Donor Involvement Helps Hearing Aid Project Bring Back the Joy of Hearing
KANSAS CITY, Mo., Jan. 31, 2019
KANSAS CITY, Mo., Jan. 31, 2019 /PRNewswire-PRWeb/ -- More than two years ago, Hearing Charities of America (HCOA) launched a program called the Hearing Aid Project with a mission to give low-income individuals across the United States access to hearing aids at no cost. Since that time, donors have hosted personal fundraisers, donated hearing aids no longer in use for refurbishment, and have given cash donations to help address the widespread issue of hearing health that affects one quarter of Americans who live with significant hearing loss.
Between donated hearing aids and cash donations, the Hearing Aid Project is able to fit low-income men, women and children with refurbished hearing aids – devices that would otherwise be financially out of reach for them. The Hearing Aid Project brings together individual donors and hearing health professionals whose involvement brings back the joy of hearing for many who receive the no-cost hearing aids.
Oscar, who worked in a saw mill, and Michael, who worked in manufacturing and also suffered a stroke, are two of approximately 22 million U.S. workers exposed to hazardous levels of noise on the job. Oscar started to cope with his hearing loss by asking others to speak up or write down what they were saying. Michael realized his work-related hearing loss while working with a speech-language pathologist during his stroke recovery. Both are grateful to be able to communicate with others again.
Gail Chaney , a veteran and dedicated nurse, said, "I noticed that I was having difficulty hearing about eight years ago, especially at work. I must have been relying on lip reading without realizing it." For three years, she searched for hearing aid assistance with no luck… until she found the Hearing Aid Project. Gail was recently fitted with hearing aids and is eternally grateful and excited to begin a new chapter in life with new ears.
The Hearing Aid Project helps recipients start new chapters in life, even well into their eighties and nineties.
Eighty-nine-year-old, Lela Joyce Clark's hearing loss was gradual and progressed to where she was having difficulty communicating with her husband. It also kept her from participating in the activities she once did at her nursing home. The expense of hearing aids led her daughter on a frantic search for a solution and found the Hearing Aid Project. After being fitted with no-cost hearing aids, Lela says she is most looking forward to hearing everyday sounds again, especially birds and her cat's meow.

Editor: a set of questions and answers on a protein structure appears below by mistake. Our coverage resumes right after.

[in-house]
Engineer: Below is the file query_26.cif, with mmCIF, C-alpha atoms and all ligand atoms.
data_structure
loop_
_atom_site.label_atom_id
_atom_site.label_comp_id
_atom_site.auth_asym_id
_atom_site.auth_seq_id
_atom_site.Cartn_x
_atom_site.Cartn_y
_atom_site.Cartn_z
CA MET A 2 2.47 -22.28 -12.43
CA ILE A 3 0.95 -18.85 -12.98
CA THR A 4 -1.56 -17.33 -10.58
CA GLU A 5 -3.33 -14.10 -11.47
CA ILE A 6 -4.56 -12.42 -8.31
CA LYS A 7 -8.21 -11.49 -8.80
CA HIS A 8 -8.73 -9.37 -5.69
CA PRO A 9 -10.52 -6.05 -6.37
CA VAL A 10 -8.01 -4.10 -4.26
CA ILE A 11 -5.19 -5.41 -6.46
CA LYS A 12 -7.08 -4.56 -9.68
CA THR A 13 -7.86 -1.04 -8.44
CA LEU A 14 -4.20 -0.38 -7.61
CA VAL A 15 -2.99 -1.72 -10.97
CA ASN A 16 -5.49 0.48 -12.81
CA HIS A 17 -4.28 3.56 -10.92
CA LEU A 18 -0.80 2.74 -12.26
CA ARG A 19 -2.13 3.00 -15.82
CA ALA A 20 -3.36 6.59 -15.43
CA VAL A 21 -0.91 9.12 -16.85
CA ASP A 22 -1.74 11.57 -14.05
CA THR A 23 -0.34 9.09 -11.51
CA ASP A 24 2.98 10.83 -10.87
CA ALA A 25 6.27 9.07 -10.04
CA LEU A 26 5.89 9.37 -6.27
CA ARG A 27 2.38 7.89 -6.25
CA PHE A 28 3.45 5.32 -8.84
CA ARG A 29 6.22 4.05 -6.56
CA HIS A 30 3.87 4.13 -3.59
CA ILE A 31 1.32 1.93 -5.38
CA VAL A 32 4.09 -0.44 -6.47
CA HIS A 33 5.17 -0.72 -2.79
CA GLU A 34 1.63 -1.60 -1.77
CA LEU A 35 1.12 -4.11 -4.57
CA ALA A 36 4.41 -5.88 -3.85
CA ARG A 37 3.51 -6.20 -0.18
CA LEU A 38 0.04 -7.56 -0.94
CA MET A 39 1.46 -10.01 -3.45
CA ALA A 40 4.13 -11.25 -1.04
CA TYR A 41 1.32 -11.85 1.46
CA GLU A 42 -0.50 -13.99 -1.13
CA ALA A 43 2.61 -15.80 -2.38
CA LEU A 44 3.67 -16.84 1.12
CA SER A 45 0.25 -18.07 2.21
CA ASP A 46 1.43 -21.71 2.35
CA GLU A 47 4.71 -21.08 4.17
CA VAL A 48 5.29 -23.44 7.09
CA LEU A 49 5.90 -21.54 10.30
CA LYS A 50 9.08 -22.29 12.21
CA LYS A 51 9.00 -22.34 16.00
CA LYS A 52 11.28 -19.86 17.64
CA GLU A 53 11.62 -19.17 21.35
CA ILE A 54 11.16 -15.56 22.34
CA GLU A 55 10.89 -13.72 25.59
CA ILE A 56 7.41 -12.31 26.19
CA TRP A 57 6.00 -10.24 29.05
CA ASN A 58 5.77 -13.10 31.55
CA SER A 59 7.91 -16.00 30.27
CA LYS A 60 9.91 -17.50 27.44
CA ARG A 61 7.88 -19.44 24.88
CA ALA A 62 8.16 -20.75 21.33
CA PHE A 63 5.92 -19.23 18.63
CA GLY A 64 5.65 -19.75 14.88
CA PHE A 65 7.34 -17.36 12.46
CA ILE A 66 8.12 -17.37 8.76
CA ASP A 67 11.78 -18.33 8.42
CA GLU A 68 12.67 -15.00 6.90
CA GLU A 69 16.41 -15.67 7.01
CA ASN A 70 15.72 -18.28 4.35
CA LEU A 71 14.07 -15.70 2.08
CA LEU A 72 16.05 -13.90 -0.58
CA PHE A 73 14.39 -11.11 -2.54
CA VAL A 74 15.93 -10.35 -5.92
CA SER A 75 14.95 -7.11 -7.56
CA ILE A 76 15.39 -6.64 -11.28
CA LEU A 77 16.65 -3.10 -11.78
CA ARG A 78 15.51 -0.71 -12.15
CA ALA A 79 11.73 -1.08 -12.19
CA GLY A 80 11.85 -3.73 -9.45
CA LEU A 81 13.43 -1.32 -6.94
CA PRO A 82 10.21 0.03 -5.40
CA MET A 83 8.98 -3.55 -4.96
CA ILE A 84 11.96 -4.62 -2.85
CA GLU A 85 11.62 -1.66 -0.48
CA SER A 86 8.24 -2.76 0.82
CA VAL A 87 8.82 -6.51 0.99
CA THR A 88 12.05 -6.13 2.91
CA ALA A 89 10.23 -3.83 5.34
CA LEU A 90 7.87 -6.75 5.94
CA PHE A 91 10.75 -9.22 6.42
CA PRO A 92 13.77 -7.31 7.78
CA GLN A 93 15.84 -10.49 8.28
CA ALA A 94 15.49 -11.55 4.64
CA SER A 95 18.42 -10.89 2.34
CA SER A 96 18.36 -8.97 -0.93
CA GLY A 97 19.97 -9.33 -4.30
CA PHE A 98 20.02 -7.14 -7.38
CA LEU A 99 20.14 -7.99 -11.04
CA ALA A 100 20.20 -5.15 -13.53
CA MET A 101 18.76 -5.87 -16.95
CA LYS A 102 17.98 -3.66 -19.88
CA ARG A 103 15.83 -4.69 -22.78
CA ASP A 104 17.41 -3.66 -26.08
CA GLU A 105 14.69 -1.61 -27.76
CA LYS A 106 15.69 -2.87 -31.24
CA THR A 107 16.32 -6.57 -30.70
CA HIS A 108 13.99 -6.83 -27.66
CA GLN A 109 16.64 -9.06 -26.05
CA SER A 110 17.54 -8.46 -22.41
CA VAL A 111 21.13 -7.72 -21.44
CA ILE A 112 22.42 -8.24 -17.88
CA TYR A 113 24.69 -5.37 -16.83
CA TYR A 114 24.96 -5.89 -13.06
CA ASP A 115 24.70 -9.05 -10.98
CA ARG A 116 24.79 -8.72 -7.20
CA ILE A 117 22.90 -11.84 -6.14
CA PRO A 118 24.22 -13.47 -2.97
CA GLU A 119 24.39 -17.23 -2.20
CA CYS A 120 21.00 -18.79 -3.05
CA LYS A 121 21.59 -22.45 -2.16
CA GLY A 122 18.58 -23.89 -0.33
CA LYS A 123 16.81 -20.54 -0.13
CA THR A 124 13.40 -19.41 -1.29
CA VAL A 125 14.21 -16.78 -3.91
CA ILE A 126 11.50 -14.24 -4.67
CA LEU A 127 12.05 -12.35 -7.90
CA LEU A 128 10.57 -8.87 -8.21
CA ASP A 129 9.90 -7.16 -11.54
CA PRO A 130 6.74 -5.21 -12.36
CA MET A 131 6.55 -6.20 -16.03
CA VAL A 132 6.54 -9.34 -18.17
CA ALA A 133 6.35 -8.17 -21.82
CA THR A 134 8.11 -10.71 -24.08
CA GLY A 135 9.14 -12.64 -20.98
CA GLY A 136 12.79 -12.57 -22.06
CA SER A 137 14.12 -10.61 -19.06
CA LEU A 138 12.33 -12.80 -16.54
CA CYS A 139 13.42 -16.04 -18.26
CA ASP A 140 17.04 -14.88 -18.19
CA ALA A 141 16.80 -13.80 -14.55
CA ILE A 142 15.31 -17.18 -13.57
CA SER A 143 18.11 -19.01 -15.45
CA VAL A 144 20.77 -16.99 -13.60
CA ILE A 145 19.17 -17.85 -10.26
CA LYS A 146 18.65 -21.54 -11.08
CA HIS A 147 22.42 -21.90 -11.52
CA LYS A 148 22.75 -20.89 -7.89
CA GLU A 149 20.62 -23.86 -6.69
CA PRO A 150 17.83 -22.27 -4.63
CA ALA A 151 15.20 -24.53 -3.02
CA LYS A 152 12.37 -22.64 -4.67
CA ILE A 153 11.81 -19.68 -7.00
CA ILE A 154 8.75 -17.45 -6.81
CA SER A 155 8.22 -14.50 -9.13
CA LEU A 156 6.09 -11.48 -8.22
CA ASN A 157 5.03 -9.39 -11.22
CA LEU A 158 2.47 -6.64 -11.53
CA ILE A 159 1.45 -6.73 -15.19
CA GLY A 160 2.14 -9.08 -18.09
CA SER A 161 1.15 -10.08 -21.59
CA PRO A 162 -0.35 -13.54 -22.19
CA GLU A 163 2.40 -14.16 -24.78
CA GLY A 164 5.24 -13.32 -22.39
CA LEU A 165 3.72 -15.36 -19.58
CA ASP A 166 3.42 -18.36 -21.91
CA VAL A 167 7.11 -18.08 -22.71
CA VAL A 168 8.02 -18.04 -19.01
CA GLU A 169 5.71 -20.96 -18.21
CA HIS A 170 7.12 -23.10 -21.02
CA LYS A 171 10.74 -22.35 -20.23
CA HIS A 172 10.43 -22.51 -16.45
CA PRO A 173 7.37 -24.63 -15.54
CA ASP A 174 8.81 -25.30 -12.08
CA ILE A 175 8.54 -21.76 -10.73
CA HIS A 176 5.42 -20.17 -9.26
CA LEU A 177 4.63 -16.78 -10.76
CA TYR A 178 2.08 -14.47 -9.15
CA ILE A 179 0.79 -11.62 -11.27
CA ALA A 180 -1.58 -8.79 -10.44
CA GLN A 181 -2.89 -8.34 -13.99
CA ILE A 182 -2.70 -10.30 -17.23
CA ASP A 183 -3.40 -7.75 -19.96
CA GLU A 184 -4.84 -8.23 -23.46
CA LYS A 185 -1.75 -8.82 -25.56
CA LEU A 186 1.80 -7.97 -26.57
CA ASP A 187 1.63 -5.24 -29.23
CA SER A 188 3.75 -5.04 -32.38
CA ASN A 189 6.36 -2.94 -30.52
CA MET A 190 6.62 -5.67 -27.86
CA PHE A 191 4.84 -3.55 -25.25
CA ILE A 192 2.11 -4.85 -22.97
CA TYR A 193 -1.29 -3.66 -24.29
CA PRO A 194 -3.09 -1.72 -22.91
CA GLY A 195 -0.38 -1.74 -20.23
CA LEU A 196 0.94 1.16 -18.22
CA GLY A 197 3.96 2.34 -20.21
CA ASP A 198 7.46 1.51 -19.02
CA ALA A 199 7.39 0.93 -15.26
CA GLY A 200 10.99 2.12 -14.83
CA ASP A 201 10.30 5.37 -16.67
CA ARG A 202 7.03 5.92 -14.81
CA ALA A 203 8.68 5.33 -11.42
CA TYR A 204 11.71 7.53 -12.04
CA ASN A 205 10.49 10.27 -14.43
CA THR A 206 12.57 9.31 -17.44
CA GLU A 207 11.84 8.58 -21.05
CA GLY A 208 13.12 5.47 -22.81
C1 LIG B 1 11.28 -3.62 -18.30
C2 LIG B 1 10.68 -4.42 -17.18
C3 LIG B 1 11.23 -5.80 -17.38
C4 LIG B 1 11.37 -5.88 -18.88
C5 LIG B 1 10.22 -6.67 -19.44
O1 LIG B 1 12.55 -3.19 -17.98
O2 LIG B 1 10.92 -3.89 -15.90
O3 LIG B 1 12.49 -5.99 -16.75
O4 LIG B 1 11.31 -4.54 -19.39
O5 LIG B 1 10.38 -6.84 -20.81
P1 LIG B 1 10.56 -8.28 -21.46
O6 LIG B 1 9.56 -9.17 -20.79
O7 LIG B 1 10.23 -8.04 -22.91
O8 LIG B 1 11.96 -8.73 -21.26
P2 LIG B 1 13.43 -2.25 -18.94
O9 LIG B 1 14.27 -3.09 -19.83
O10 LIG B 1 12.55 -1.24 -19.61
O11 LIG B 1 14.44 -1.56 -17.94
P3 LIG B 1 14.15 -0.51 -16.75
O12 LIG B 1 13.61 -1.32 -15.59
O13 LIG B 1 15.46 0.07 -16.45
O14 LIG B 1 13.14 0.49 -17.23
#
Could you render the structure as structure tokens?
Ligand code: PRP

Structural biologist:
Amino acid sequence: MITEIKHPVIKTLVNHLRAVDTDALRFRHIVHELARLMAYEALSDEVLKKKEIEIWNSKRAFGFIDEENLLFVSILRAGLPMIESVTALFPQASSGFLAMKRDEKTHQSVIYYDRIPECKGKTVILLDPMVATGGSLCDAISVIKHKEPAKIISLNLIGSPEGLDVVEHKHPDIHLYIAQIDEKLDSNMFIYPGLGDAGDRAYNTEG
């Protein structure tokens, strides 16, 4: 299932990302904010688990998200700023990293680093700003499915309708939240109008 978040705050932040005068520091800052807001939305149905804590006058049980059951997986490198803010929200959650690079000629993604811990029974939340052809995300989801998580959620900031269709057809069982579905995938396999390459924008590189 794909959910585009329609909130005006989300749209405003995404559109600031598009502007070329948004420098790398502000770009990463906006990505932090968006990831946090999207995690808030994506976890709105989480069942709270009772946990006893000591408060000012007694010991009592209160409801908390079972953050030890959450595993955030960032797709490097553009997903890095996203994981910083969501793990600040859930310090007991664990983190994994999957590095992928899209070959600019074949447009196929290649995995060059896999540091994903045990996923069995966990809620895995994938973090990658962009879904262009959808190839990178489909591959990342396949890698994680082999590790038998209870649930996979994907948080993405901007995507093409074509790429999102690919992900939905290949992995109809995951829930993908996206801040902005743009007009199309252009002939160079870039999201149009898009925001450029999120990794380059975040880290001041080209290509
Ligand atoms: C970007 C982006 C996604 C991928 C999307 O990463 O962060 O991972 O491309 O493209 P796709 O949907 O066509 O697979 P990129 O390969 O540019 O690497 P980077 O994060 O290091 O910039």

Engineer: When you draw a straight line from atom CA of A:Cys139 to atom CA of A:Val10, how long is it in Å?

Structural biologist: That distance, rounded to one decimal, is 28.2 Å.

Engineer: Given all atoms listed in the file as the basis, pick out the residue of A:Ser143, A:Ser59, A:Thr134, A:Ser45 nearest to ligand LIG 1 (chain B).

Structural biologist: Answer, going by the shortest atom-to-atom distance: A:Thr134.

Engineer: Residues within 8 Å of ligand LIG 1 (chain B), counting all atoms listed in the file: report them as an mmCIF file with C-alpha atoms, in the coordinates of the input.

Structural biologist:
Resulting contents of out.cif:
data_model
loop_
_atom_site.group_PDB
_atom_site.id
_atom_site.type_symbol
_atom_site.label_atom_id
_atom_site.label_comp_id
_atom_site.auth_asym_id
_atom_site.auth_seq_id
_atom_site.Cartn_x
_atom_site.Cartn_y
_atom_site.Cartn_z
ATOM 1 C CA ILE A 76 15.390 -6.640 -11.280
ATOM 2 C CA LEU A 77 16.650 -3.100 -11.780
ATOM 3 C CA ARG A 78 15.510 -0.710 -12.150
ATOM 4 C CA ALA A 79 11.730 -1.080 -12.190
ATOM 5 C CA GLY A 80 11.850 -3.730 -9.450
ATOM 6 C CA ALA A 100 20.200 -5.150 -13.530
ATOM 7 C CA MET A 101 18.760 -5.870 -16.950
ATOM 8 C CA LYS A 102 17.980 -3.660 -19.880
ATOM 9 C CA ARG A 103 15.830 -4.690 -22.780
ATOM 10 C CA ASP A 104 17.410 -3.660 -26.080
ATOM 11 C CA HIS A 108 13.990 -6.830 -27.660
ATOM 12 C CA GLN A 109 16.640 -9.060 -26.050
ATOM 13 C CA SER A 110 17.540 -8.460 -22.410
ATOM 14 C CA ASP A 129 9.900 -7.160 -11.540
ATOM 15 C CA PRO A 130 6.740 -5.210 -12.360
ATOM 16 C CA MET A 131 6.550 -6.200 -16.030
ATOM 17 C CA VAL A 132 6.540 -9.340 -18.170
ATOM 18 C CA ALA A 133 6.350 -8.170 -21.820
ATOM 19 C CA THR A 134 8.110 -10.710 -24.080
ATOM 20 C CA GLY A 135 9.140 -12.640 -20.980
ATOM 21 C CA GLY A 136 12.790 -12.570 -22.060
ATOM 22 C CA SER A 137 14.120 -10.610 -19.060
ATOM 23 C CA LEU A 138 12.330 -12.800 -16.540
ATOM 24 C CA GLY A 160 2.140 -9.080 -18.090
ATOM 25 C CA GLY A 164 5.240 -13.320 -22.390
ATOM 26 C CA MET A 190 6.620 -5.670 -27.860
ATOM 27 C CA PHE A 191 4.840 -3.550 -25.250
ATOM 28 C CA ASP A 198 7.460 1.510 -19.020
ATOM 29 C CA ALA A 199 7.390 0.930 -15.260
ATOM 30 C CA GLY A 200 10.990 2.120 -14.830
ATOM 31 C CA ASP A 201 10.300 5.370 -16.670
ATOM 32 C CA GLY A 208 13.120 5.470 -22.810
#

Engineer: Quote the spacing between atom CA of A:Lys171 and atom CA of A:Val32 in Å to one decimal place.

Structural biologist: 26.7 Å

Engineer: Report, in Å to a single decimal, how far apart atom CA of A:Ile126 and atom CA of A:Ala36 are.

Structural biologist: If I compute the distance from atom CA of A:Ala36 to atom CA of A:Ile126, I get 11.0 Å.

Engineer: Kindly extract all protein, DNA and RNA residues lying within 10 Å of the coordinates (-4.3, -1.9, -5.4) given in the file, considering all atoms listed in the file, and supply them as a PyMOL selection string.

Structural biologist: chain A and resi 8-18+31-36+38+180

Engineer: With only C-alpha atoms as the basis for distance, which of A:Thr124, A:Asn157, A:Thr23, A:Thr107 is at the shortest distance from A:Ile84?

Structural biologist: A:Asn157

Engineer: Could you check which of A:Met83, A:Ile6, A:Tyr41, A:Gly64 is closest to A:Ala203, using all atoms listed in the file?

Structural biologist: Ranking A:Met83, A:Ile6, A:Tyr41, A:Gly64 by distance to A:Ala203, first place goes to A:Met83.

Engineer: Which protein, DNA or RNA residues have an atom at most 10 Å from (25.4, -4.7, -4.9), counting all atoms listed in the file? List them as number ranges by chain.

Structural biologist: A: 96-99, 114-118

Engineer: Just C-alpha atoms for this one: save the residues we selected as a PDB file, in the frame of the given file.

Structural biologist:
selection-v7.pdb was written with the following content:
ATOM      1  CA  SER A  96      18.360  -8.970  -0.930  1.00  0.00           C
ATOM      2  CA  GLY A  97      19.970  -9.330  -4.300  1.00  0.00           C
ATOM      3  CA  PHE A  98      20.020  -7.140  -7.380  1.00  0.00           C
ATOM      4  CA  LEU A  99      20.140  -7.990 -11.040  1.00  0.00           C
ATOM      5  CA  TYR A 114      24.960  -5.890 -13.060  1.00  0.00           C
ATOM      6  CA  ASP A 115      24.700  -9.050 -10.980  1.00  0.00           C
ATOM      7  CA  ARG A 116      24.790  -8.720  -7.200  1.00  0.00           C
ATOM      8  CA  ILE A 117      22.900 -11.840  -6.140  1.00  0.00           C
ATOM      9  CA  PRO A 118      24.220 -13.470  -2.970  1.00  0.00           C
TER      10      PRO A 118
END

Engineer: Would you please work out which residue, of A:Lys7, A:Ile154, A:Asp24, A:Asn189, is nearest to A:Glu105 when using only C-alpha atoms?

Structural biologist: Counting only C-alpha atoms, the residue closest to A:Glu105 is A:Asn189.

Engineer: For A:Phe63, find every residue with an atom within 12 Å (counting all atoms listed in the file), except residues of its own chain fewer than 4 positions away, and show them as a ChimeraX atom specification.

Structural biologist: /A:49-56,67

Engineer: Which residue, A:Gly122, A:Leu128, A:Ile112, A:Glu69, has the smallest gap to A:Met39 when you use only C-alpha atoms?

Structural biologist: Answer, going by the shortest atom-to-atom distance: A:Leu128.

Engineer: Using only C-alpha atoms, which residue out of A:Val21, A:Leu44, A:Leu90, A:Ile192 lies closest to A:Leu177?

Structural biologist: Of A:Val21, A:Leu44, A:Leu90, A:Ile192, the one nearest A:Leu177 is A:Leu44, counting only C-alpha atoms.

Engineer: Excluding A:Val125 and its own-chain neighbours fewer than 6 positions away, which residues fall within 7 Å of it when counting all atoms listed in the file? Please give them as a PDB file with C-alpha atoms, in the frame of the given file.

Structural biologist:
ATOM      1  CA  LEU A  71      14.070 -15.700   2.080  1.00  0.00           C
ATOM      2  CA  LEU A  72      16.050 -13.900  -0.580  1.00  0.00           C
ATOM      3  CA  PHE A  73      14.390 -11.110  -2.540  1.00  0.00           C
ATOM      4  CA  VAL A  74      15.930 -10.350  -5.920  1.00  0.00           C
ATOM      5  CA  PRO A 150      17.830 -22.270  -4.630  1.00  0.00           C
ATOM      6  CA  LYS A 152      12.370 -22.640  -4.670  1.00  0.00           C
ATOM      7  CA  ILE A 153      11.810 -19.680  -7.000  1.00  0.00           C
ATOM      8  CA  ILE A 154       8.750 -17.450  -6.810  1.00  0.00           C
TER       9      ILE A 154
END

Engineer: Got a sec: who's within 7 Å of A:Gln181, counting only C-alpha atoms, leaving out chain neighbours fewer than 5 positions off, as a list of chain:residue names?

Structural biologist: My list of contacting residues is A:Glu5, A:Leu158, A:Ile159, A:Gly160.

Effie Wilson , 94-years-old, is remaining independent and self-sufficient with the help of the Hearing Aid Project and her loved ones. She began struggling with hearing loss in her seventies and worsened to the point where Effie couldn't interact with people, hear her grandchildren laugh or watch her favorite television shows. Effie said, "I enjoy having my family and friends visit, but it makes me sad when I'm not able to join in the conversation. I may be 94-years-old, but I still have a lot to say." Her son-in-law connected Effie with the Hearing Aid Project and she was fitted with two refurbished, donated hearing aids. "It is a dream come true for me," she said.
The Hearing Aid Project has brought back the joy of hearing to 88 people since 2016 thanks in part to personal fundraisers like 14-year-old, Ayanna's. She raised $3,032 a Hearing Aid Project personal fundraiser record and lifechanging for the six lives changed because of her. Ayanna was diagnosed with severe to profound hearing loss at six months old. After receiving a cochlear implant, she was able to grow, develop and thrive. "I can't imagine living in a world where I can't communicate verbally with my friends and family, or listen to my favorite music," Ayanna said. "Without access to hearing technology, I would have struggled. Through my fundraising efforts, I want to help children and adults benefit from the gift of sound, just like I did!"
The Hearing Aid Project has 67 participating providers spanning 32 states, to help meet the growing demand for hearing aids. The Hearing Aid Project emphasizes three components: Get, Give, Help. One, getting low income individuals who need hearing aids referred to the Project. Two, giving hearing aids and cash donations to the Hearing Aid Project. Three, helping carry out its mission with an online personal fundraiser, recruiting audiologists to participate, and/or hosting a CELEBRATE SOUND Don't Walk in Silence® event to benefit the Project.
"Hearing affects our work, our relationships and our sense of connectedness and the joy those bring. No one should be without that joy in their lives when hearing aids are the solution. It's a matter of cost for many," says Steven Murphy, executive director, Hearing Aid Project. "We are able to return the joy of hearing to those with hearing loss thanks to our network of audiologists, hearing aid donations and donors like Ayanna. We are always actively fundraising for the money it takes to ship, refurbish and fit them to those who need them."
Please visit http://www.hearingaiddonations.org if you are interested in participating, supporting or learning more about the Hearing Aid Project and how it changes lives like it did for Oscar, Michael, Gail, Effie and others.
About Hearing Charities of America
Hearing Charities of America is a nonprofit organization that supports those who are deaf or hard of hearing. The organization connects those who need information, education, hearing health services, and assistive devices with the resources they need to live a healthier hearing life.
If you would like to become more familiar with this charitable organization and its programs, please contact HCOA at 816-333-8300 or visit http://www.hearingcharities.org.
SOURCE Hearing Charities of America